Frank Cignetti, head football coach at West Virginia University from 1976-79, has been a long time admirer of Nick Saban’s football coaching ability.

He gave the Marion County native one of his first jobs as coach of the Mountaineers’ defensive secondary in 1978-79.

Cignetti said Tuesday that he certainly wasn’t surprised that Saban piloted Alabama to a 21-0 victory and the BCS national championship over No. 1 LSU on Monday night. It was his third national title.

Cignetti, who became a legend as coach and athletic director at Indiana University (Pa.), recalled that he remembered first seeing Saban as a defensive back at Monongah High School. Kerry Marbury, a great halfback, was a teammate who later starred at WVU.

“Nick absolutely has had an amazingly successful coaching career,” Cignetti said. “It depends on the situation you are in. And Nick has been around a lot of really great mentors.”

He was a graduate assistant at Kent State, his alma mater, when Cignetti took over the reins at West Virginia from Bobby Bowden in 1976.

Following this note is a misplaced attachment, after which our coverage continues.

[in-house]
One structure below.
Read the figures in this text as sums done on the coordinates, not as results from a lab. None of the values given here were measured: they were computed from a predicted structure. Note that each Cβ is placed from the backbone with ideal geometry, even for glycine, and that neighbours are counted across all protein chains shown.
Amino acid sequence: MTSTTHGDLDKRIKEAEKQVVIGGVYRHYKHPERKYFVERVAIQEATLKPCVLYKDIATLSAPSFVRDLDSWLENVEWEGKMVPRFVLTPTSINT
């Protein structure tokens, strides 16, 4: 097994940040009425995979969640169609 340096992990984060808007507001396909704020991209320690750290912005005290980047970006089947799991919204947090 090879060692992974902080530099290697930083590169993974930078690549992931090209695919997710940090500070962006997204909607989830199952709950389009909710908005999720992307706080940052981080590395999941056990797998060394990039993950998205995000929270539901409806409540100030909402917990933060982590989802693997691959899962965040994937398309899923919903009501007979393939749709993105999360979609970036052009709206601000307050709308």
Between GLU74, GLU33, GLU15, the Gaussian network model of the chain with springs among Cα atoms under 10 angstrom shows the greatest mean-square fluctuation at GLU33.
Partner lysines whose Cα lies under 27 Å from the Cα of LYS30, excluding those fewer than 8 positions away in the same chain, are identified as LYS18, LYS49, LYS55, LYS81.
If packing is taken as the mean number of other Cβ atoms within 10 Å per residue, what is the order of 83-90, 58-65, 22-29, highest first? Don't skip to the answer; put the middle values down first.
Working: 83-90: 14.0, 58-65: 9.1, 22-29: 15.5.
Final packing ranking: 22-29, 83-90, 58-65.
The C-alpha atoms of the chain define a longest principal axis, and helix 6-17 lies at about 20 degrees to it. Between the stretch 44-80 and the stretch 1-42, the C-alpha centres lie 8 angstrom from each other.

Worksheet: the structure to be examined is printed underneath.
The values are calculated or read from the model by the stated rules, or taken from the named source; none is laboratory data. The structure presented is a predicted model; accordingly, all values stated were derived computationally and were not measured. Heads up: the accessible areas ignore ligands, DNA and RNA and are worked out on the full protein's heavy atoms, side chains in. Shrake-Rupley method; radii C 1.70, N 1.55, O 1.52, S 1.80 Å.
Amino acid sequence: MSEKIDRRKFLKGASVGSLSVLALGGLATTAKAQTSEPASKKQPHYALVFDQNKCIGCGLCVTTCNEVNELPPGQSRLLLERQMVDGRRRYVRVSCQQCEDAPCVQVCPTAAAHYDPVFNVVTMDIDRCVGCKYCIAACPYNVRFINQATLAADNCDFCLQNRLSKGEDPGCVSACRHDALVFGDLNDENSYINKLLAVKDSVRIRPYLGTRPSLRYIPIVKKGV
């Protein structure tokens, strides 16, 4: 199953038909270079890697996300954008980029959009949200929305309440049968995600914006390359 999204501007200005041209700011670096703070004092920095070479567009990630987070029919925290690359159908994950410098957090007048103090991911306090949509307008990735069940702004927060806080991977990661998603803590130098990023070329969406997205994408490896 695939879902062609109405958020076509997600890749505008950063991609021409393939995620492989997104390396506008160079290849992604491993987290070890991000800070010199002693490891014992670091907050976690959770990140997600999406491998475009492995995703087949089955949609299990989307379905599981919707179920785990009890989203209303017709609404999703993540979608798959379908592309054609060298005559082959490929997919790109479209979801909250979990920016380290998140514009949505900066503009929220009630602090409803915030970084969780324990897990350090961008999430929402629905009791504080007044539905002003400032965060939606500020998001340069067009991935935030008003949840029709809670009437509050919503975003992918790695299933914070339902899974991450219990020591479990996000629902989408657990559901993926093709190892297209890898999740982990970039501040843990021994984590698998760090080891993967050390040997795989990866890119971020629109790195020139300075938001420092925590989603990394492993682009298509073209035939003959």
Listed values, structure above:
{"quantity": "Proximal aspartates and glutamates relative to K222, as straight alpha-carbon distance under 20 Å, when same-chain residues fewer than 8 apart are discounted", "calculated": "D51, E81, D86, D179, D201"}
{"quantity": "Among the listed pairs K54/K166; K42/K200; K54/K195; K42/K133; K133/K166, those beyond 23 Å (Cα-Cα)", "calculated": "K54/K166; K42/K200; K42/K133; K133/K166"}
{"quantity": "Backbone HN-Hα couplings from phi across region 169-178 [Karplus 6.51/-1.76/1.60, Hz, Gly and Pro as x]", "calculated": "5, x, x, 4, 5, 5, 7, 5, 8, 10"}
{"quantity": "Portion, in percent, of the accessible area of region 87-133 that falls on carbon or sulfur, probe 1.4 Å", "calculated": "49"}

“But most of the defensive coaches decided to stay (from Bowden’s staff),” Cignetti recalled. “But two years later, I brought in Nick Saban for an interview.

“I was really very impressed and I hired him. I didn’t know much about his coaching, but I had known he was a great recruiter.”

Why did he offer Saban, then at Syracuse, the position?

“No. 1, he was very intelligent,” Cignetti said. “No. 2, he was very focused, and No. 3, a great teacher. And No. 4, I was really very impressed with the guy.”

So much so, Cignetti recommended Saban for a job on the Ohio State coaching staff after Don Nehlen succeeded him as head coach after the 1979 season.

Cignetti had battled life-threatening health issues in the last two years of his four-year tenure at WVU. He served as an administrative aide until July 1, 1982, before leaving.

He could tell from the short time he had Saban on the WVU staff that the then-young coach had a wonderful career in front of him.

Cignetti recalled that he and former Pitt coach Johnny Majors attended one of Saban’s practice sessions three days before his Alabama team played Texas in a championship playoff.

Majors told Cignetti, “Frank, this is the best practice that I’ve ever seen in football preparation for an upcoming game.”

To Frank Cignetti, Nick Saban is “a very quiet, but a great football head coach and a good person.”


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